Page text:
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Village, officials respond to Paad's lawsuit



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January 23, 2013 - The Village of Oxford, Councilwoman Maureen Helmuth and Manager Joe Young are denying the accusations made by former Deputy Clerk Marion Patricia Paad in her civil lawsuit against them.

In their 10-page written answer to Paad's complaint, most of the allegations were repeatedly called "untrue."

The three defendants are also asserting that "all or a portion of" Paad's claims are barred by the doctrine of governmental immunity and that "any and all injuries" she suffered were due to her own "negligence and/or illegal activities."

Attorney Audrey Forbush, who's with the law firm Plunkett Cooney and is representing all three defendants, did not return phone calls seeking comment.

Paad, who was terminated from her village position in March 2011, is suing the municipality, Helmuth and Young in U.S. District Court for violations of her constitutional rights and malicious prosecution.

She's seeking money damages against all three defendants "for purposeful discrimination and/or retaliation," which she claims took the form of losing her job and standing trial for criminal charges that she was innocent of.

Flint attorney Tom R. Pabst, who's representing Paad, believes his client will be awarded a seven-figure sum.

Paad's suit claims that "throughout her tenure" working for the village, she "raised concerns" involving "improper spending/use of taxpayers' money, and/or volunteers stealing taxpayers' money" to village officials, management and employees.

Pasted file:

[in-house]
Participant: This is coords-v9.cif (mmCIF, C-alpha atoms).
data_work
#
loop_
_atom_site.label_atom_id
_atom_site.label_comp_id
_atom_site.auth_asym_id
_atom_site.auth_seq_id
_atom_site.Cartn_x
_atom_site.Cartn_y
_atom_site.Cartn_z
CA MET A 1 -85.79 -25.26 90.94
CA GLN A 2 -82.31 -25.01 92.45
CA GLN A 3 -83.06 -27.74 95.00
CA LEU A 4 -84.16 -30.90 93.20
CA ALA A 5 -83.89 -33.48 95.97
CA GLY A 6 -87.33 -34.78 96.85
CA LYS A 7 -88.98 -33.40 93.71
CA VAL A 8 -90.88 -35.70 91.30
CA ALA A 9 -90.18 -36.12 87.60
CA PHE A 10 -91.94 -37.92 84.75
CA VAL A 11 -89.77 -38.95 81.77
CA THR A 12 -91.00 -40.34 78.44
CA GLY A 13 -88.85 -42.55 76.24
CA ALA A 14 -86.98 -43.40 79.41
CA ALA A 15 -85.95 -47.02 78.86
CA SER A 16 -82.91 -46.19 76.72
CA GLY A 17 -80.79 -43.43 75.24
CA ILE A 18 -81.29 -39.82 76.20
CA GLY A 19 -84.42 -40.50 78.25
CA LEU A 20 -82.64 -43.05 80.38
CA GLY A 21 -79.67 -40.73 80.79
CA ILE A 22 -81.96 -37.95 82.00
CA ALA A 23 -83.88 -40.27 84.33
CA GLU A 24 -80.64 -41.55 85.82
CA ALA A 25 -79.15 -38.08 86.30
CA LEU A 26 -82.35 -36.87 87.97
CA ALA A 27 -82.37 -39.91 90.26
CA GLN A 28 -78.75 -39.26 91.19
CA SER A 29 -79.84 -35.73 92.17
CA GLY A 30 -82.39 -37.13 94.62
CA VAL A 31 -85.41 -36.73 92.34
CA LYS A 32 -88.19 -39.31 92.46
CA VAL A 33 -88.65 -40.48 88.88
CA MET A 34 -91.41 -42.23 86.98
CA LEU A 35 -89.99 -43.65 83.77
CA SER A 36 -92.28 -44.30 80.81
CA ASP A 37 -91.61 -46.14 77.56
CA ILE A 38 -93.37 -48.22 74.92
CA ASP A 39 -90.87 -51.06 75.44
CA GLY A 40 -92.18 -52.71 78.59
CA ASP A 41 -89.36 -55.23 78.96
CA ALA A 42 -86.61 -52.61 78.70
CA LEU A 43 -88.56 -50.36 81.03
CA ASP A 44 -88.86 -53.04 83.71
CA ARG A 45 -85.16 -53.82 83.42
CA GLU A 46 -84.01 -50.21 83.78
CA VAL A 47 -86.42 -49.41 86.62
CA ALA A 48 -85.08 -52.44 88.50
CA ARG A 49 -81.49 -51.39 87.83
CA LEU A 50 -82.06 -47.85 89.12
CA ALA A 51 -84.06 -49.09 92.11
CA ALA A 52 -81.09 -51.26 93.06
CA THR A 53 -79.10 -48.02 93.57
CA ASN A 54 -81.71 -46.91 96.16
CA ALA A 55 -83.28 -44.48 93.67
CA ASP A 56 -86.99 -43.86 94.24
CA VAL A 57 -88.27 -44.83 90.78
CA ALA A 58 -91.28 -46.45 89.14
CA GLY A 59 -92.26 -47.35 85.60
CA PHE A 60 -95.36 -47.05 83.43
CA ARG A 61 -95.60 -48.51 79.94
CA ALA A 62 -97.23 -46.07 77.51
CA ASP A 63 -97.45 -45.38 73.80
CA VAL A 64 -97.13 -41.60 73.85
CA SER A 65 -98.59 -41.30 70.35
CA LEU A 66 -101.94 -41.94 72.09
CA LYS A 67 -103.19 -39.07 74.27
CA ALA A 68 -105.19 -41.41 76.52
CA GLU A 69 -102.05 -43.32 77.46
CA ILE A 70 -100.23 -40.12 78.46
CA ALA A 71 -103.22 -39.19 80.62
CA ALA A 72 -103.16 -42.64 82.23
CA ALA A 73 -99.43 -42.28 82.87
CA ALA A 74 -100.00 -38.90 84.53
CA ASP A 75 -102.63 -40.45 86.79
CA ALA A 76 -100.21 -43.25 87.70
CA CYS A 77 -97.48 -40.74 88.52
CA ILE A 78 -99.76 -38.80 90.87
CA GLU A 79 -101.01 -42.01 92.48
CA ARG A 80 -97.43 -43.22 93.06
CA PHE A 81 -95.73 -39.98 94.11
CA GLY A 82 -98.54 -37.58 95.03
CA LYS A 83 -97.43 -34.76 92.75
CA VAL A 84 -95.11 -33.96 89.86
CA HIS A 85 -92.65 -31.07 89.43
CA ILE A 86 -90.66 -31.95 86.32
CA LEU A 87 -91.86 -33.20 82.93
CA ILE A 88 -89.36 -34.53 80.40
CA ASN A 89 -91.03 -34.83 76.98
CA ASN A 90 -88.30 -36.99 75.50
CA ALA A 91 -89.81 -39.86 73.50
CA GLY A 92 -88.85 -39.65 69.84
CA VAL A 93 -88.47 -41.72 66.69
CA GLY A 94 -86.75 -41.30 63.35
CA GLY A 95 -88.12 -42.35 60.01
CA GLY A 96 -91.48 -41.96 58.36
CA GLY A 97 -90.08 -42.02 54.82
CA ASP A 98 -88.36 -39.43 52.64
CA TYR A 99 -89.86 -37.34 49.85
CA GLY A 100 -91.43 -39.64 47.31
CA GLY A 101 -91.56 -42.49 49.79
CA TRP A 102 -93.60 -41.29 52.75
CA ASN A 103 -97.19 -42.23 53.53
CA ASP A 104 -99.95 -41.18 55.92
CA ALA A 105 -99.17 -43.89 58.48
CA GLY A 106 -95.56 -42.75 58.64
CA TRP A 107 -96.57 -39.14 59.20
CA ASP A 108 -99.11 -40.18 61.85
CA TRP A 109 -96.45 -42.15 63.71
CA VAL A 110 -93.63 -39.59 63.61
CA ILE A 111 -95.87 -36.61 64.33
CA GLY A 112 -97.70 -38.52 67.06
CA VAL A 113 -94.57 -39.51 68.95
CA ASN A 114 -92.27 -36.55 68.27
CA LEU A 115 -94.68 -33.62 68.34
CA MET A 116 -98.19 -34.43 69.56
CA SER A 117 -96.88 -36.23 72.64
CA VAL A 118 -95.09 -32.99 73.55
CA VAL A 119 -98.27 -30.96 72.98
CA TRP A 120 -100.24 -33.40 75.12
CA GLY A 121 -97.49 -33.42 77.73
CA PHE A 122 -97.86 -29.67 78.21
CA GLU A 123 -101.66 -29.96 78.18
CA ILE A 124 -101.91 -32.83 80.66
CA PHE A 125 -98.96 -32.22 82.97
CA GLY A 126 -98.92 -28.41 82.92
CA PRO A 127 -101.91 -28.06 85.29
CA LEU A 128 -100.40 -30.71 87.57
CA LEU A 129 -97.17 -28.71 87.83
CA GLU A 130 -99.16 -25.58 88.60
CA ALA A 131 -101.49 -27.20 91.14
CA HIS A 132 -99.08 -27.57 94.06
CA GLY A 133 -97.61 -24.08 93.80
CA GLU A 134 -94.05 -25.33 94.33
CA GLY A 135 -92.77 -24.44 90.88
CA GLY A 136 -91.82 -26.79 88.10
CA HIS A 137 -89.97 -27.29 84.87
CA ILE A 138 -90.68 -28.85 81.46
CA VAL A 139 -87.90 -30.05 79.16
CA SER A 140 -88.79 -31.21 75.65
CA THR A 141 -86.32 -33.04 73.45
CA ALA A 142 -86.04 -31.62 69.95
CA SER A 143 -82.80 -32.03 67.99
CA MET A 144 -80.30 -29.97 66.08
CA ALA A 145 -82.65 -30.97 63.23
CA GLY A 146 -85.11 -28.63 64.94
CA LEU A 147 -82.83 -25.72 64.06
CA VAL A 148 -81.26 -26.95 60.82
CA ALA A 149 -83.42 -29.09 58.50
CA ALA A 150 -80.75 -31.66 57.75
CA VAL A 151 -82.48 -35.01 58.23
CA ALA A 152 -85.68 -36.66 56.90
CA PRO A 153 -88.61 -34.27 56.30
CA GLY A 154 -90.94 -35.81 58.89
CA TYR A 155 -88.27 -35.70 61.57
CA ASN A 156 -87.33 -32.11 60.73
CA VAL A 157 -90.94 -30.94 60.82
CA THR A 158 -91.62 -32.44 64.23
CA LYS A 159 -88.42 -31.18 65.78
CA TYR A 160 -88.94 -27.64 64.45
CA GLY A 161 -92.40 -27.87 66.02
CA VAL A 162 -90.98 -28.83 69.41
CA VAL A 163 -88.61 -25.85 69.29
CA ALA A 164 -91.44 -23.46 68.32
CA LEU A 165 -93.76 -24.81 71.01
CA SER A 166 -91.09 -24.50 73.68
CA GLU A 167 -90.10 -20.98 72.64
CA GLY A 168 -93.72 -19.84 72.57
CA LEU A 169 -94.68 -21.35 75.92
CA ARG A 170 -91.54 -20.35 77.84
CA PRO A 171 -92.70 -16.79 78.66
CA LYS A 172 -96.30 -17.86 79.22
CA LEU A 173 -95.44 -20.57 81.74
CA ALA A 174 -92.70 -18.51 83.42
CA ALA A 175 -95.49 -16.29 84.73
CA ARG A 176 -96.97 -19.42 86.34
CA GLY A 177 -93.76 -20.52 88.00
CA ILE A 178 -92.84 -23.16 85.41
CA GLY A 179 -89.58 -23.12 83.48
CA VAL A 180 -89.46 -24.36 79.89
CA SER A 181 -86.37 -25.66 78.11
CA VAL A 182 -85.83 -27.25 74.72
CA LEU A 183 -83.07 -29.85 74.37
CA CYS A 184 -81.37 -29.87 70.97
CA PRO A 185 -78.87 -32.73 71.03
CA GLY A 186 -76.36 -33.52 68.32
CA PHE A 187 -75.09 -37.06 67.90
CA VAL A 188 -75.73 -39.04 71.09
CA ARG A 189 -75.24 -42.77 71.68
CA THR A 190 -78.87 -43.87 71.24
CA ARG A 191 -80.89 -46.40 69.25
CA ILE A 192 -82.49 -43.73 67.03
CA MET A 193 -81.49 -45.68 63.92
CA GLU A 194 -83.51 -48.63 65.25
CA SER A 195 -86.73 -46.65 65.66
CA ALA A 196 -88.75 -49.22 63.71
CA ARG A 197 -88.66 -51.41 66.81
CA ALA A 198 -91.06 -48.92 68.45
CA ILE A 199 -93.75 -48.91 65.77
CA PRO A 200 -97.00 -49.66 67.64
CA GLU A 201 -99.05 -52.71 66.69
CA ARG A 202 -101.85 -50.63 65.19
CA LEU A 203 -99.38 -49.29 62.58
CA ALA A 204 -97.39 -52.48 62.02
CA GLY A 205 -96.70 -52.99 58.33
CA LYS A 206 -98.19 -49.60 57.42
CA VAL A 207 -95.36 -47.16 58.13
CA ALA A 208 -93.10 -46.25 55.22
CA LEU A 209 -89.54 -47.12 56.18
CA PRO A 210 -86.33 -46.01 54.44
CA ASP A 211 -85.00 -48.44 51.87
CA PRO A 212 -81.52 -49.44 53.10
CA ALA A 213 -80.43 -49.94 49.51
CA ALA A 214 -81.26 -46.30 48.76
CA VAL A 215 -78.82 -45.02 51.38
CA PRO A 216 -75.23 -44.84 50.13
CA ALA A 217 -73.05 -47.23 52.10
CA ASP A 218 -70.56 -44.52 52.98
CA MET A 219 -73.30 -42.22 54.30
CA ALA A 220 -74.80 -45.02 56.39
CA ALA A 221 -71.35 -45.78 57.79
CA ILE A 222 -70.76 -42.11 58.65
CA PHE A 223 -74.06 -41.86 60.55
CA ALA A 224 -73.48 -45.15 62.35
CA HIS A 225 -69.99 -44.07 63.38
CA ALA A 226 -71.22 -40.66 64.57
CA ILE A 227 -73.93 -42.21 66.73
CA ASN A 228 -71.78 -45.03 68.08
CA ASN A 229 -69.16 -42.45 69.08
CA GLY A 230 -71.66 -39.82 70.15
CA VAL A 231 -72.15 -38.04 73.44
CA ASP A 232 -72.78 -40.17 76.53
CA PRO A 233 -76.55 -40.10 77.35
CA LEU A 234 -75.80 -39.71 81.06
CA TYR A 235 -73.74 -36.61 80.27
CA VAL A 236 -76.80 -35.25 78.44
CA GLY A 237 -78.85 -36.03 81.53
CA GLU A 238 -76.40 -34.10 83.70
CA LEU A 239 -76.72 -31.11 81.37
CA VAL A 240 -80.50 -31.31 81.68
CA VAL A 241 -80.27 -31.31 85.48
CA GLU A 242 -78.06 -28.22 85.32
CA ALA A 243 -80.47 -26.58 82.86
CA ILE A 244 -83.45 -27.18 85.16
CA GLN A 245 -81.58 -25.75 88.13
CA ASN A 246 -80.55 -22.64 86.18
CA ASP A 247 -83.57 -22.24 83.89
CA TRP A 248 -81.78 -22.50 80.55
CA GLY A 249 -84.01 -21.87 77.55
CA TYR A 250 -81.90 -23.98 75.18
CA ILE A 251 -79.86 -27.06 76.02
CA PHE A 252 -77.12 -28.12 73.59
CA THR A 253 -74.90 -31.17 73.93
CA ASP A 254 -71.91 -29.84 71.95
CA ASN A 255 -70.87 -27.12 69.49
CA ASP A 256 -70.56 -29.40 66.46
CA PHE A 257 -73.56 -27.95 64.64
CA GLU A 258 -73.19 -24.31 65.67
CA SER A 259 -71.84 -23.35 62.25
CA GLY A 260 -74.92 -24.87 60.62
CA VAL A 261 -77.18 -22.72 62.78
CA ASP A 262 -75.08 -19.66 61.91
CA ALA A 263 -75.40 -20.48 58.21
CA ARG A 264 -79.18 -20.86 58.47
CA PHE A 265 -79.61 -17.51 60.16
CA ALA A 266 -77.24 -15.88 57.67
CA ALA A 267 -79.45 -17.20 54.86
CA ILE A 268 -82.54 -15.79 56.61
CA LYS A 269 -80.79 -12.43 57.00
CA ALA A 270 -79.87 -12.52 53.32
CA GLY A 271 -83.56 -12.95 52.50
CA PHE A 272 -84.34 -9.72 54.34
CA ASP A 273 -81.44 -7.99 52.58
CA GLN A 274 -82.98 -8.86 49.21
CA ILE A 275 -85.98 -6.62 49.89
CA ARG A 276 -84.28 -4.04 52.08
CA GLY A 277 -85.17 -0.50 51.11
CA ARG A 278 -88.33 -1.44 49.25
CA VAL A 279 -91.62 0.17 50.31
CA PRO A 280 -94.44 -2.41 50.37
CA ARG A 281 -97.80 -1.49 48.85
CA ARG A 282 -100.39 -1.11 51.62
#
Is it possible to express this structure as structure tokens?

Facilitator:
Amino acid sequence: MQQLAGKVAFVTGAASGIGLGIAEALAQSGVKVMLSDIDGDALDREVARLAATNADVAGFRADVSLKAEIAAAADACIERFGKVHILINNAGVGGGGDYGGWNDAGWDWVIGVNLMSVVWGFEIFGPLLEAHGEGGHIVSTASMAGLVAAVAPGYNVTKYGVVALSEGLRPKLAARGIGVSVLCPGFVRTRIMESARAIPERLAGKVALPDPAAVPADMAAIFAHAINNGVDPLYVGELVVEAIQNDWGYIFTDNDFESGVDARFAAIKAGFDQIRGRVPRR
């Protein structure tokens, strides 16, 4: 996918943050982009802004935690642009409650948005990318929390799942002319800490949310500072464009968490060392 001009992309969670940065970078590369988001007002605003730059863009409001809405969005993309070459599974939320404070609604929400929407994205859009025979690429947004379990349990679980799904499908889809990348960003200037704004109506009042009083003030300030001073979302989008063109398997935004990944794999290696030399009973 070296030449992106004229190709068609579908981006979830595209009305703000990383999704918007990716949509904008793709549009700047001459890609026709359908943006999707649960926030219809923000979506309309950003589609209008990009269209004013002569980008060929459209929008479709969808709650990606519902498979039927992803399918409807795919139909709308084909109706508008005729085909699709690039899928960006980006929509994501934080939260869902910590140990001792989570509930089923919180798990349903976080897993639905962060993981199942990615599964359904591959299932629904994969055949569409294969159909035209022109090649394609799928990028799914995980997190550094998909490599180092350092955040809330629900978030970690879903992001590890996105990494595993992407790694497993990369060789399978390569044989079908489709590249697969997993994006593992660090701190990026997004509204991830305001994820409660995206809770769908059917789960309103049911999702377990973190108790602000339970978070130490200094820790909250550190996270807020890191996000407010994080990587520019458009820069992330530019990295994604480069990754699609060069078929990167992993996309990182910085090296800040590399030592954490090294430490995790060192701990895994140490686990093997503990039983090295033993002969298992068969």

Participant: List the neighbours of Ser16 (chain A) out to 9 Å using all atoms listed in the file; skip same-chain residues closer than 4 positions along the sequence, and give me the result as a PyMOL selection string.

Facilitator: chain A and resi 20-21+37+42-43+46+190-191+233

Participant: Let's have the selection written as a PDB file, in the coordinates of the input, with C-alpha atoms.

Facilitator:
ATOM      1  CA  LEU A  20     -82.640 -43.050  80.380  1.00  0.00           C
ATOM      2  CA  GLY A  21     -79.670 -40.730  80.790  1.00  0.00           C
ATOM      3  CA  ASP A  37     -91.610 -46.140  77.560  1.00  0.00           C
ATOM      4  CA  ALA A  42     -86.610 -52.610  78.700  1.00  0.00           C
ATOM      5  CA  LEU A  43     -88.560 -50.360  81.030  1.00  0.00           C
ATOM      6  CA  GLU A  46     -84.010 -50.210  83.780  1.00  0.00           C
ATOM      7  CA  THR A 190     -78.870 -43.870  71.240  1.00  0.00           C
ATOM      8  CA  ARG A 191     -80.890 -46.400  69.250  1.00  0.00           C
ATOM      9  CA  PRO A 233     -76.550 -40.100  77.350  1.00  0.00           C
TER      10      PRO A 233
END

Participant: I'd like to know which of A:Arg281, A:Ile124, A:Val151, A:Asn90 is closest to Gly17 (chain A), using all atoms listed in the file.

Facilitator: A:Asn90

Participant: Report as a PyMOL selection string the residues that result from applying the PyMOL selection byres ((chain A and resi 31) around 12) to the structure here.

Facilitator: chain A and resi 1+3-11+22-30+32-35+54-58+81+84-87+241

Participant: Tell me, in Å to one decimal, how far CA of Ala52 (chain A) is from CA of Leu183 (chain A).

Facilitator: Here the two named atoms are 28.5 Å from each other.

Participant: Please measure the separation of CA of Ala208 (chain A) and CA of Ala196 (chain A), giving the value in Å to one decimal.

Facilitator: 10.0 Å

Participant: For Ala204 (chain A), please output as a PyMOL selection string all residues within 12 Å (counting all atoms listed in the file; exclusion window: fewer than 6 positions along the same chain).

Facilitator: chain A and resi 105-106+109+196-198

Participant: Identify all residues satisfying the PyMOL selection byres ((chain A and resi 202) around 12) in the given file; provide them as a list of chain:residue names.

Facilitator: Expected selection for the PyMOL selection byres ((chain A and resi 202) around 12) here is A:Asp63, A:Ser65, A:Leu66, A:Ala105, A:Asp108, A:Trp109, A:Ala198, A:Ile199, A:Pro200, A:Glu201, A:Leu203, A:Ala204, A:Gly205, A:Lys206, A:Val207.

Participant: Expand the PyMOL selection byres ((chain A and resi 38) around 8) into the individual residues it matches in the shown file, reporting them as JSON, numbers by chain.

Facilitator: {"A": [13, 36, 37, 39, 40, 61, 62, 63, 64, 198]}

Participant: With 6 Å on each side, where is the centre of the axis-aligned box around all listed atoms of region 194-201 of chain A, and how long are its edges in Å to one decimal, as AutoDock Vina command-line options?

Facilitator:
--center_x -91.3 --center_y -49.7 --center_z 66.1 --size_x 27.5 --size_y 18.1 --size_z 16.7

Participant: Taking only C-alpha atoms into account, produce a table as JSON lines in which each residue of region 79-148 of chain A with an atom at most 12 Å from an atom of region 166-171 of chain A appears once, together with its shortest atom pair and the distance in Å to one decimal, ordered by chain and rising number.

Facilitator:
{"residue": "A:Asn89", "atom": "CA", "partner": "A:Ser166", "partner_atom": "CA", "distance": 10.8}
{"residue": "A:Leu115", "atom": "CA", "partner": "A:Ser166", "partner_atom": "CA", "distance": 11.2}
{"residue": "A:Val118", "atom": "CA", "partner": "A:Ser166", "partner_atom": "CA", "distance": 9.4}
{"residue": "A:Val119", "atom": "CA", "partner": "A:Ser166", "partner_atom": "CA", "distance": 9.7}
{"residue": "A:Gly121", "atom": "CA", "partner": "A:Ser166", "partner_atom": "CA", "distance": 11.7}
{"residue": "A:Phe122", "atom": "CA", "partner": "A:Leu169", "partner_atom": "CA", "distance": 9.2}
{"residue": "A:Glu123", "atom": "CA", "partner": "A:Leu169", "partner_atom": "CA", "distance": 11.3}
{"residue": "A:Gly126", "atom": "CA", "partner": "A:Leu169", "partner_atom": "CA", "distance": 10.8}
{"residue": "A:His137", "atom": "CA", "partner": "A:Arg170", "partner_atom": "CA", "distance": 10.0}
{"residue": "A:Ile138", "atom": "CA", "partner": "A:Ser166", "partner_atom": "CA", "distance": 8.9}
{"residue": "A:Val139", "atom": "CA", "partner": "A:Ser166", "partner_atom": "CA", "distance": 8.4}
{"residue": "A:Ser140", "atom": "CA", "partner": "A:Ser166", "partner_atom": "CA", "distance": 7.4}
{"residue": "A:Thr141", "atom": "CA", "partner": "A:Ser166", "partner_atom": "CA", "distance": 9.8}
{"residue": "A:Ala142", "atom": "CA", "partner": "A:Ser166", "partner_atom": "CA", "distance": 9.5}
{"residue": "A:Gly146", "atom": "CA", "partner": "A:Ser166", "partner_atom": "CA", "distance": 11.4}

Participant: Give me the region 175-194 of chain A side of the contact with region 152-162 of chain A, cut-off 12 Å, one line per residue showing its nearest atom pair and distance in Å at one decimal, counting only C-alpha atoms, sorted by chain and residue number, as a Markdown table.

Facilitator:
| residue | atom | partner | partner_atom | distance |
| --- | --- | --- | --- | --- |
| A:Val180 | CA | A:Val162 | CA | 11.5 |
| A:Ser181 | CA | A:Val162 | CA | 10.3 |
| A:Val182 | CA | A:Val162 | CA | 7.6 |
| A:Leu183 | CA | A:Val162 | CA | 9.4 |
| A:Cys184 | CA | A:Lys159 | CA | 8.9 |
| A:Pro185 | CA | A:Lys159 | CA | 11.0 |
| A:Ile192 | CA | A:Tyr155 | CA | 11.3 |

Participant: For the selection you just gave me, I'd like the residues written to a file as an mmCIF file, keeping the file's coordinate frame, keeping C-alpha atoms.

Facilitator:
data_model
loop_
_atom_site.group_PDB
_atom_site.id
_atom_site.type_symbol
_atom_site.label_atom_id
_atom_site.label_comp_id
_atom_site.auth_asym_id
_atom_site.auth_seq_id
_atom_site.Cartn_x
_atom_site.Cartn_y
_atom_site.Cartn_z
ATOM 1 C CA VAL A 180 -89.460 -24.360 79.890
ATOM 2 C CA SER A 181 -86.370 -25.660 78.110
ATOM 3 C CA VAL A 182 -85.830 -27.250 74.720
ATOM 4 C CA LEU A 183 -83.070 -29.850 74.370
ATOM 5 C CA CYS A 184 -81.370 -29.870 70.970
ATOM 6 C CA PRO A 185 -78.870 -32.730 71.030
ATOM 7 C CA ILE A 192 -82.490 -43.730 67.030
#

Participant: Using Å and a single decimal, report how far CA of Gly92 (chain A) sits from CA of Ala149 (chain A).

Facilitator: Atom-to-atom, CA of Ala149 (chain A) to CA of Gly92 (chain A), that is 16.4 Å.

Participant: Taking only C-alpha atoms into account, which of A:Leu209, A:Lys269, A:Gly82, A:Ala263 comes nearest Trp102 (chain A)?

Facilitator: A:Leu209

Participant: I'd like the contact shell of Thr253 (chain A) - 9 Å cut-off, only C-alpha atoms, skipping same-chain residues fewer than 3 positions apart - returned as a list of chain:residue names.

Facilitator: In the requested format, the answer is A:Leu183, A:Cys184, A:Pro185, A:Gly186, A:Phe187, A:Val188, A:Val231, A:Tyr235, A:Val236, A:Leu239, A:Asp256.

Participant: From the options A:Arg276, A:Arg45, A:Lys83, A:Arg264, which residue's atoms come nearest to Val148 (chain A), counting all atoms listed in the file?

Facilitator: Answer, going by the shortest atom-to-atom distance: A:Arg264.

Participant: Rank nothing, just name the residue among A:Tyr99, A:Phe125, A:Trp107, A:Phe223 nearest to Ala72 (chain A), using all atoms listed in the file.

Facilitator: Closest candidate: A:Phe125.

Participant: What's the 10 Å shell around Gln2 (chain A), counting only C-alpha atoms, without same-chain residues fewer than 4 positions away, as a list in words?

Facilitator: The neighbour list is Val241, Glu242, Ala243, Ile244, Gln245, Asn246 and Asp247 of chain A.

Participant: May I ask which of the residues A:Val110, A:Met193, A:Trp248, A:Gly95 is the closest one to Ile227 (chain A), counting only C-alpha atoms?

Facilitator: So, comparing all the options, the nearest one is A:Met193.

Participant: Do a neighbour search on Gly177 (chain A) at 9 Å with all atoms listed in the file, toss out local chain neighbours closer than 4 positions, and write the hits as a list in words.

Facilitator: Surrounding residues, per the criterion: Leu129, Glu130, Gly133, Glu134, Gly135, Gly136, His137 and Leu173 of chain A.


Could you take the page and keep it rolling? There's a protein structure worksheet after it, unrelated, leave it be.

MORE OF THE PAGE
Because she did this, Paad's suit alleges she found herself facing "false and baseless" charges of embezzlement that "were made to try to cover up (the) defendants' unlawful conduct."

Paad was accused of stealing more than $3,300 in property tax payments made by three village residents in 2006.

She was also charged with embezzling almost $600 worth of village police department funds in 2010.

In April 2012, an Oakland County Circuit Court jury found Paad not guilty of five felony counts of embezzlement by a public official over $50. Each count was punishable by up to 10 years in prison.

Trevor graduated with degrees in English and communications from Rochester College. He wrote for his college and LA View newspapers before joining The Clarkston News in May 2007.
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